This paper describes the planning, execution, data acquisition and processing of Distributed Temperature Sensing (DTS) and Distributed Acoustic Sensing (DAS) conveyed by patented semi-stiff Carbon Rod (CR) in very long horizontal wells. The primary interest in CR starts from its dual nature as a conveyance method and an acquisition tool; it is able to access long horizontal sections and record meaningful flow profiling data. CR presents viable alternative to Coiled Tubing (CT) or tractor conveyed wireline logging tools. When a point pressure and temperature tool is required, it can be conveyed at the end of the CR.
This paper provides information on the preparation and execution of a three wells campaign in the Halfdan field, the first in the North Sea Danish Sector. The CR-conveyed DTS and DAS technology has been successfully and safely tested for the first time in this field. The CR was run in two injector and one producer wells. The campaign has proven the technology advantages and highlighted some learning opportunities. This paper will also describe the processing and visualization of the Temperature and Acoustic profiles and the challenges involved in handling a large volume of data (Terabyte scale).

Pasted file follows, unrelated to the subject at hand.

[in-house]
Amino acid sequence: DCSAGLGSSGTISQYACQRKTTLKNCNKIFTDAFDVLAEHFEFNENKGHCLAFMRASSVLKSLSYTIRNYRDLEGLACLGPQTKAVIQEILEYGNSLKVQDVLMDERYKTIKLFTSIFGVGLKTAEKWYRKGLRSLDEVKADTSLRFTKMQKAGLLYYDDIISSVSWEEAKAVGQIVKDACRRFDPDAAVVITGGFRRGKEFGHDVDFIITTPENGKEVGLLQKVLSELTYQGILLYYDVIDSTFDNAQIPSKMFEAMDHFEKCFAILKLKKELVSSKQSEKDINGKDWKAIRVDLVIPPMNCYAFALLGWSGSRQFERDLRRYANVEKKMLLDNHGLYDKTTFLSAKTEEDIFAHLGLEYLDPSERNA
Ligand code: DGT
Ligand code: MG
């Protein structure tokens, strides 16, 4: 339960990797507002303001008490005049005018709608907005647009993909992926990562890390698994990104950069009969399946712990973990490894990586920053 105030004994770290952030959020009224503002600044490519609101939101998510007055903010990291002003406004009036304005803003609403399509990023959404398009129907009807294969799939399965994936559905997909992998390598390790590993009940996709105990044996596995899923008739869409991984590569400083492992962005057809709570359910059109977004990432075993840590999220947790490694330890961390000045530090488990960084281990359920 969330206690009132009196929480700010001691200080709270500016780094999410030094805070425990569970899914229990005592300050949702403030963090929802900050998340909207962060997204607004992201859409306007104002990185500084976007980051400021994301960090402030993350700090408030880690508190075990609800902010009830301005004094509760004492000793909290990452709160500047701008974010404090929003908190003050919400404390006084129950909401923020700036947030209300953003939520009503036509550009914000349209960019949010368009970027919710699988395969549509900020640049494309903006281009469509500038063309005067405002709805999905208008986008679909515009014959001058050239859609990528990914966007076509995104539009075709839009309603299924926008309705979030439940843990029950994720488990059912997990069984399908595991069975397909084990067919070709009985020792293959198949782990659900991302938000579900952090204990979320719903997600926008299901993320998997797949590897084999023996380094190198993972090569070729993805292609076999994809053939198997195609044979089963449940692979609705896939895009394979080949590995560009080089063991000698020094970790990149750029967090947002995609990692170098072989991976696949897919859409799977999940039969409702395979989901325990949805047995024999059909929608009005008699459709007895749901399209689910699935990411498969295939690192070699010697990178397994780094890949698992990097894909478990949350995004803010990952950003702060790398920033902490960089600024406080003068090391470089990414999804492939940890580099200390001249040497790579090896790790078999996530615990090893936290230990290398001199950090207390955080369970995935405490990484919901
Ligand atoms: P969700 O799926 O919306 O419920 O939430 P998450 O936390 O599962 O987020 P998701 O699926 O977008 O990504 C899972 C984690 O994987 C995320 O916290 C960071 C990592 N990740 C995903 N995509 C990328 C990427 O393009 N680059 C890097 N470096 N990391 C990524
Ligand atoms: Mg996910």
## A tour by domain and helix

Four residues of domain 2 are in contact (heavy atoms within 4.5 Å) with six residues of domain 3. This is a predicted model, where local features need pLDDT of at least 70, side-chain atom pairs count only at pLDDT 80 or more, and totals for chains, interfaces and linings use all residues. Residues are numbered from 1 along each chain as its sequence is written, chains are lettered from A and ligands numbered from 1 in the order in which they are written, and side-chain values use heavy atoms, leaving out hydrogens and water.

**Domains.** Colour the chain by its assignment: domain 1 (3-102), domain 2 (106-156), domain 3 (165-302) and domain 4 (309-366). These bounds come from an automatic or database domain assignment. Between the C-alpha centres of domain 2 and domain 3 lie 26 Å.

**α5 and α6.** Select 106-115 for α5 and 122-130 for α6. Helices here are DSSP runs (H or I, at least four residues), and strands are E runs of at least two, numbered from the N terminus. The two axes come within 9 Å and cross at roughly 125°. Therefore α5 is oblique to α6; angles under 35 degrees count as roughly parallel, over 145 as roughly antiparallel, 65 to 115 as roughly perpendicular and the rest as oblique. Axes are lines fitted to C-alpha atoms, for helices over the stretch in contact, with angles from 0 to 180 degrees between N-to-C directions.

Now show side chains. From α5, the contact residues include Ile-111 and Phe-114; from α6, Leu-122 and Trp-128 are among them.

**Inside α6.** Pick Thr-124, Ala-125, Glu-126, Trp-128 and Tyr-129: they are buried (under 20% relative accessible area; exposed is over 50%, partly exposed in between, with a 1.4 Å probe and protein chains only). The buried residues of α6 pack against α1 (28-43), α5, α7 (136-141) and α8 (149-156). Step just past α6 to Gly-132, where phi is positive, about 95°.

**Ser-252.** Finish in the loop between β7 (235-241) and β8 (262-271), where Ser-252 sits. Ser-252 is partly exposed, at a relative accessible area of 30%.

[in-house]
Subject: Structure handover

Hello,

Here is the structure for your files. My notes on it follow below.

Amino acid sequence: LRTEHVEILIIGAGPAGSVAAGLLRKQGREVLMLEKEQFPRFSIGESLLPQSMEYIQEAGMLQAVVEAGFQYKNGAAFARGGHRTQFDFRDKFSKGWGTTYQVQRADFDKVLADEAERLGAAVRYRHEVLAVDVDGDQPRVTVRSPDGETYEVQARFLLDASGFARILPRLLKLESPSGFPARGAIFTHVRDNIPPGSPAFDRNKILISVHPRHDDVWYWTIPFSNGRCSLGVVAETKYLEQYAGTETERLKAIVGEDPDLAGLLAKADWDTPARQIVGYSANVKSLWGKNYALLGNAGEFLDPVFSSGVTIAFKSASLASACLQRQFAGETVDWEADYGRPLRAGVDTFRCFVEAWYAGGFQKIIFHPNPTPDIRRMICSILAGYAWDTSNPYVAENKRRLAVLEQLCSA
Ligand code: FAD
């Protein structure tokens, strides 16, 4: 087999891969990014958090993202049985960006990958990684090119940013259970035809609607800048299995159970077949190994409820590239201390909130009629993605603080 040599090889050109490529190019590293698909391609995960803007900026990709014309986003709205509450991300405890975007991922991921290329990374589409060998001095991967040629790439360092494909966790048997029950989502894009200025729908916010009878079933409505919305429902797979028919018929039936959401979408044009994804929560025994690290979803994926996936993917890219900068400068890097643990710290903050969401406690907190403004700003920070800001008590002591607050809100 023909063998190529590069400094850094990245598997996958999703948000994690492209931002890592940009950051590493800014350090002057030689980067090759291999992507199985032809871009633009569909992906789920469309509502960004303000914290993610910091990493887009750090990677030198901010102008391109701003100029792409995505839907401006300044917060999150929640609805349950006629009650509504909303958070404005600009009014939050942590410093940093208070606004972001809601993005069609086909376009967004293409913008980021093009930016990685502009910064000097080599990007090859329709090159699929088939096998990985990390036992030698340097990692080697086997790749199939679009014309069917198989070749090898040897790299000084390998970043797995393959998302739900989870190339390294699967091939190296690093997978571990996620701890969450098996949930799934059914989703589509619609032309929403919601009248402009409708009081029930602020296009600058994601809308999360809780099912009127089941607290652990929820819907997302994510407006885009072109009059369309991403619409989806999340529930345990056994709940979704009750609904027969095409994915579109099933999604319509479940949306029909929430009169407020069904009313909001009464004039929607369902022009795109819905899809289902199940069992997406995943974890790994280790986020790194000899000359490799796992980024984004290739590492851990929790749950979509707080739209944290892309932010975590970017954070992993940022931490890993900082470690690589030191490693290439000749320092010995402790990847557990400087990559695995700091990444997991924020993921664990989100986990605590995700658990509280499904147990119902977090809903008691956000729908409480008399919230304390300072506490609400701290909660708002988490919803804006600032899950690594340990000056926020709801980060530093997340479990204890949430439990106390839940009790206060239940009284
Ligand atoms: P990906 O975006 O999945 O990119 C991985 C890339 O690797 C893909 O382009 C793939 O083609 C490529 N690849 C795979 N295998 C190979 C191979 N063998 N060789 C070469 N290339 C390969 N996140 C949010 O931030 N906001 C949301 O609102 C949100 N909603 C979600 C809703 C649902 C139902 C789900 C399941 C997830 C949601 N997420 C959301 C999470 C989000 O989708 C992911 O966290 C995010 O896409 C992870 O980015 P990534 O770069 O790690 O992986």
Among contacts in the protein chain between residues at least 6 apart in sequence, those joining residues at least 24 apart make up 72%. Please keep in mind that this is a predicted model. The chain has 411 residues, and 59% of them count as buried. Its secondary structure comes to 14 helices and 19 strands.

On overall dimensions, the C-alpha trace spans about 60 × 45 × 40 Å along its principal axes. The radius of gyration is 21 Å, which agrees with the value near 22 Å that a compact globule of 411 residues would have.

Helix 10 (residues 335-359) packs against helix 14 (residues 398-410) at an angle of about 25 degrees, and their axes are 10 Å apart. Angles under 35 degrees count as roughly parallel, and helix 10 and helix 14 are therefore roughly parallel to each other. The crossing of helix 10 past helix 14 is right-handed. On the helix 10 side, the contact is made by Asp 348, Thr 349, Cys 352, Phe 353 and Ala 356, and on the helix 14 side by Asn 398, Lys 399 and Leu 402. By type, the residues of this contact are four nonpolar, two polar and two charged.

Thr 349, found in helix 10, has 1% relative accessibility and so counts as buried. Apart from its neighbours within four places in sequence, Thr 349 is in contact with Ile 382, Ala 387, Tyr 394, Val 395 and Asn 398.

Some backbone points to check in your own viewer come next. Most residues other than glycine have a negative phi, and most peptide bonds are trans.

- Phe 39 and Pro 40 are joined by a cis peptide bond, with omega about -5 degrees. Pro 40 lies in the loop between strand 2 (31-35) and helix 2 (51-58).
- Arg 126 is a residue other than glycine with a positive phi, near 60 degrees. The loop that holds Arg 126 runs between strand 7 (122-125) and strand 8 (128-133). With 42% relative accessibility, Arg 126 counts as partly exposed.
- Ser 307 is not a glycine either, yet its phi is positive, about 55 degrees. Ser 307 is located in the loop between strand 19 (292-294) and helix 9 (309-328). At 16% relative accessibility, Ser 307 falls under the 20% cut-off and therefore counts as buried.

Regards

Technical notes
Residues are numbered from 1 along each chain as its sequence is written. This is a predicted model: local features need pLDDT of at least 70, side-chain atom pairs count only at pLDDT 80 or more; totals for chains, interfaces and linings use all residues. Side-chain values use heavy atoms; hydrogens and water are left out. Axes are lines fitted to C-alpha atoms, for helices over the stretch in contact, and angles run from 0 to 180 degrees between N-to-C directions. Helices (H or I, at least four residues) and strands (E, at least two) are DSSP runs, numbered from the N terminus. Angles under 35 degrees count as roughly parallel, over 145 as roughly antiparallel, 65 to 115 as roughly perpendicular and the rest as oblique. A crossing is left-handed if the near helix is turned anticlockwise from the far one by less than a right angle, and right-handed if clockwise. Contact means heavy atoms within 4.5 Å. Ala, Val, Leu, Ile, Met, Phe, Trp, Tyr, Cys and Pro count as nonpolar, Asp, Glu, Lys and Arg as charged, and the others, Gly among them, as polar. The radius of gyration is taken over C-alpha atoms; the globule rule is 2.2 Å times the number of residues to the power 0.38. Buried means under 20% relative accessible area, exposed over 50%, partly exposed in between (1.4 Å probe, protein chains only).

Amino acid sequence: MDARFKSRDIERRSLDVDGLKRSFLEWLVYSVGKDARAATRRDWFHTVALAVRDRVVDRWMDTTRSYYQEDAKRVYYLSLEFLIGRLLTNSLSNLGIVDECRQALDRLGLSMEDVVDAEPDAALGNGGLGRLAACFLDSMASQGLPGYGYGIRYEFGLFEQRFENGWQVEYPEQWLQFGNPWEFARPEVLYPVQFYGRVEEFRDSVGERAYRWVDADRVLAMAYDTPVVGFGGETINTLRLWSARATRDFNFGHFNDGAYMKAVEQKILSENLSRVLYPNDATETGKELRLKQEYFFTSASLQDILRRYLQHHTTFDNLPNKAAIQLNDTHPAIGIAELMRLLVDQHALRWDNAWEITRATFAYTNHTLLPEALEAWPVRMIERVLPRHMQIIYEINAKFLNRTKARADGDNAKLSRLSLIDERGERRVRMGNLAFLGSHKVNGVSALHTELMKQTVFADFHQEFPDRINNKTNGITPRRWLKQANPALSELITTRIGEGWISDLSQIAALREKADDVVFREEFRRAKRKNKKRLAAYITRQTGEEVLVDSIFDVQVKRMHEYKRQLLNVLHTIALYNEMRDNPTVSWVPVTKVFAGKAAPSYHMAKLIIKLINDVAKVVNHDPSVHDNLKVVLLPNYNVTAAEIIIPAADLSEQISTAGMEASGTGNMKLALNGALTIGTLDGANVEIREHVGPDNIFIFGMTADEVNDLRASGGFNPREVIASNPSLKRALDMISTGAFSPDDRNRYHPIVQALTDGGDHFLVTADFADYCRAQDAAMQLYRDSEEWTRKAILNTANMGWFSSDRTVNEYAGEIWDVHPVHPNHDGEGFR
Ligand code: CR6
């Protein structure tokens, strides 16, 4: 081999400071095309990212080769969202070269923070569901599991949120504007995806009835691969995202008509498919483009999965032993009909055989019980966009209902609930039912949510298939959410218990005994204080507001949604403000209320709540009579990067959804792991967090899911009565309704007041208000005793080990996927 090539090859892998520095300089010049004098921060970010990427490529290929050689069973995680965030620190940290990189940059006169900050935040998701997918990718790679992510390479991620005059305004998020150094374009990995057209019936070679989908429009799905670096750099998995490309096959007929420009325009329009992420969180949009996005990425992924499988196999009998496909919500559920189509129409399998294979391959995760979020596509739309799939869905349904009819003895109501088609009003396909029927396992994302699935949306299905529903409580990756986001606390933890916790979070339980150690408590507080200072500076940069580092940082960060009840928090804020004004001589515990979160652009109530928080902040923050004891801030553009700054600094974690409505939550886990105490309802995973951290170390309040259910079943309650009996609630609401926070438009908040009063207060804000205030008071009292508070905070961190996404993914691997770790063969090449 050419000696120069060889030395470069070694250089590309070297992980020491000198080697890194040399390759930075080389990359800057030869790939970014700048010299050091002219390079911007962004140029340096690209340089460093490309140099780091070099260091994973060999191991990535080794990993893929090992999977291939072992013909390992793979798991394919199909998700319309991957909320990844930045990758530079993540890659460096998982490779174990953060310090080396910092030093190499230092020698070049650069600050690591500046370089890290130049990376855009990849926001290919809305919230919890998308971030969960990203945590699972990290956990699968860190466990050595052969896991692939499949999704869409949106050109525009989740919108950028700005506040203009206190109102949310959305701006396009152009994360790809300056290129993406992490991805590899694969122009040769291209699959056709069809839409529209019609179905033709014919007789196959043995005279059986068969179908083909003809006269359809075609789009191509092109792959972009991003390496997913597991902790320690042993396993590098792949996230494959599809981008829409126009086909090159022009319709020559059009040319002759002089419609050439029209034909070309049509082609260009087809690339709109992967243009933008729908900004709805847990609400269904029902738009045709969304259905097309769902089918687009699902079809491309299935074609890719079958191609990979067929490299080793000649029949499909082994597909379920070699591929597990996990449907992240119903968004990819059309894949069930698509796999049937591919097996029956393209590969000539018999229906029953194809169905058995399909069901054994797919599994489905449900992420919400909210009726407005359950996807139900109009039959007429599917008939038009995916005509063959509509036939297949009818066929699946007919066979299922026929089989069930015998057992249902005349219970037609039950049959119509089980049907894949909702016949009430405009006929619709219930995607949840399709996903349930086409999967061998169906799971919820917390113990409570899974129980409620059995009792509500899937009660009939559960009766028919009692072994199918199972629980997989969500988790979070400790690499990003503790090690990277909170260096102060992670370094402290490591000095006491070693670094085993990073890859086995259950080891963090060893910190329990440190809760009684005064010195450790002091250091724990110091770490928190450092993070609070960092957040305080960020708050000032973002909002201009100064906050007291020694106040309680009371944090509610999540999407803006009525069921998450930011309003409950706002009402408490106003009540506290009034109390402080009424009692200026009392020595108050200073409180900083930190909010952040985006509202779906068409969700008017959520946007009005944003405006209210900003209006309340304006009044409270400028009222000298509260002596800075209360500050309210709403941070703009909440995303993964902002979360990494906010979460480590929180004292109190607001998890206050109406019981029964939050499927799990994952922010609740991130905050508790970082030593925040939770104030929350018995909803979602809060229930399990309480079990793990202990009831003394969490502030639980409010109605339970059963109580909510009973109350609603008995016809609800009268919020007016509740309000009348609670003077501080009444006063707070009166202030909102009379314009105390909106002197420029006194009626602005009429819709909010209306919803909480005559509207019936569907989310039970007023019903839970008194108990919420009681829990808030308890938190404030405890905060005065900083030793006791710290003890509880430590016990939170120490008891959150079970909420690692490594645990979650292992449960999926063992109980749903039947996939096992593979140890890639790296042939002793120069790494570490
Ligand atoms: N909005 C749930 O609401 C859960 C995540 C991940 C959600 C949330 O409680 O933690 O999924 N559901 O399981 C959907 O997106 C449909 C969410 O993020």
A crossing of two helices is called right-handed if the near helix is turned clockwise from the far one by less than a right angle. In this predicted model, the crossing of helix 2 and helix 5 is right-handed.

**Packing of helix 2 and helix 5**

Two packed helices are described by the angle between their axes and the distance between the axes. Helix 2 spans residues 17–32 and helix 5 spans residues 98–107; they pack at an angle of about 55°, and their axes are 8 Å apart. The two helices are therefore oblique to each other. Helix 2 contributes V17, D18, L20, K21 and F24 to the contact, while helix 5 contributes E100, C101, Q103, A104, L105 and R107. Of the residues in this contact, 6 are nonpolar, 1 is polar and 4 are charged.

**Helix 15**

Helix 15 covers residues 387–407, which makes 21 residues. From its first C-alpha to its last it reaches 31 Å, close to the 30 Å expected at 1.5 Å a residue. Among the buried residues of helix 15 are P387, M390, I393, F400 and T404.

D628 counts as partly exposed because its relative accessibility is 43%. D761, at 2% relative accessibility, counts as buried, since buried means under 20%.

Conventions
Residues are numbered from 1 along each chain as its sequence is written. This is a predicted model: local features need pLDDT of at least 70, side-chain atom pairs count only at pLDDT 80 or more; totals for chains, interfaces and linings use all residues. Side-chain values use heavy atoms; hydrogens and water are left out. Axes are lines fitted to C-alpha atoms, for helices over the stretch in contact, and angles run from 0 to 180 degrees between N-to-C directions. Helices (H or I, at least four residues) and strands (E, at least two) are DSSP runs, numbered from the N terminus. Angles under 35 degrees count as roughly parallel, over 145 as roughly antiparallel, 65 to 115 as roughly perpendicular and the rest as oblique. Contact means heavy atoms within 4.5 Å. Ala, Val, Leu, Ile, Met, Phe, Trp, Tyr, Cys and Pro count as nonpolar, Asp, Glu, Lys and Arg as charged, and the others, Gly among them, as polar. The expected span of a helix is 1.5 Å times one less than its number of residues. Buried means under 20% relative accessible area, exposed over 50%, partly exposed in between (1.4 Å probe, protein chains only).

The semi-stiff CR sensing tool consists of the CR (15 mm in diameter) itself and a bottom-hole assembly (BHA). Embedded in the CR are six optical fibers. Two multi-mode fibers are dedicated to DTS and one single-mode fiber to DAS. The three remaining single-mode fibers are dedicated to Point Pressure, Point Temperature and Vibration measurements. The Fiber Optic (FO) point Pressure (P) and Temperature (T) sensors are located in the BHA. The system provides temperature and acoustic profiles along the rod during the operation. These sensors, in conjunction with surface read out and bottomhole gauge data, provide a comprehensive tool for real-time surveillance and dynamic well analyses.
Although hole conditions were challenging, with the first well exhibiting a great deal of scale that impeded a smooth descent, CR was successfully deployed into the three wells. The rod was pushed into the horizontal sections with a reach performance equivalent to that achievable by equivalent small diameter coiled tubing. The maximum reach of CR was more than 15,400 ft MD, with a record of more than 5,100 ft reach into the horizontal section, without using a well tractor or CT to assist deployment. The sensing campaign produced more than 50 TB of well data.
The interpretation results will be presented in a subsequent publication. The aim of this paper is to serve as a reference in the planning of CR deployed DTS and DAS applied for well and reservoir surveillance.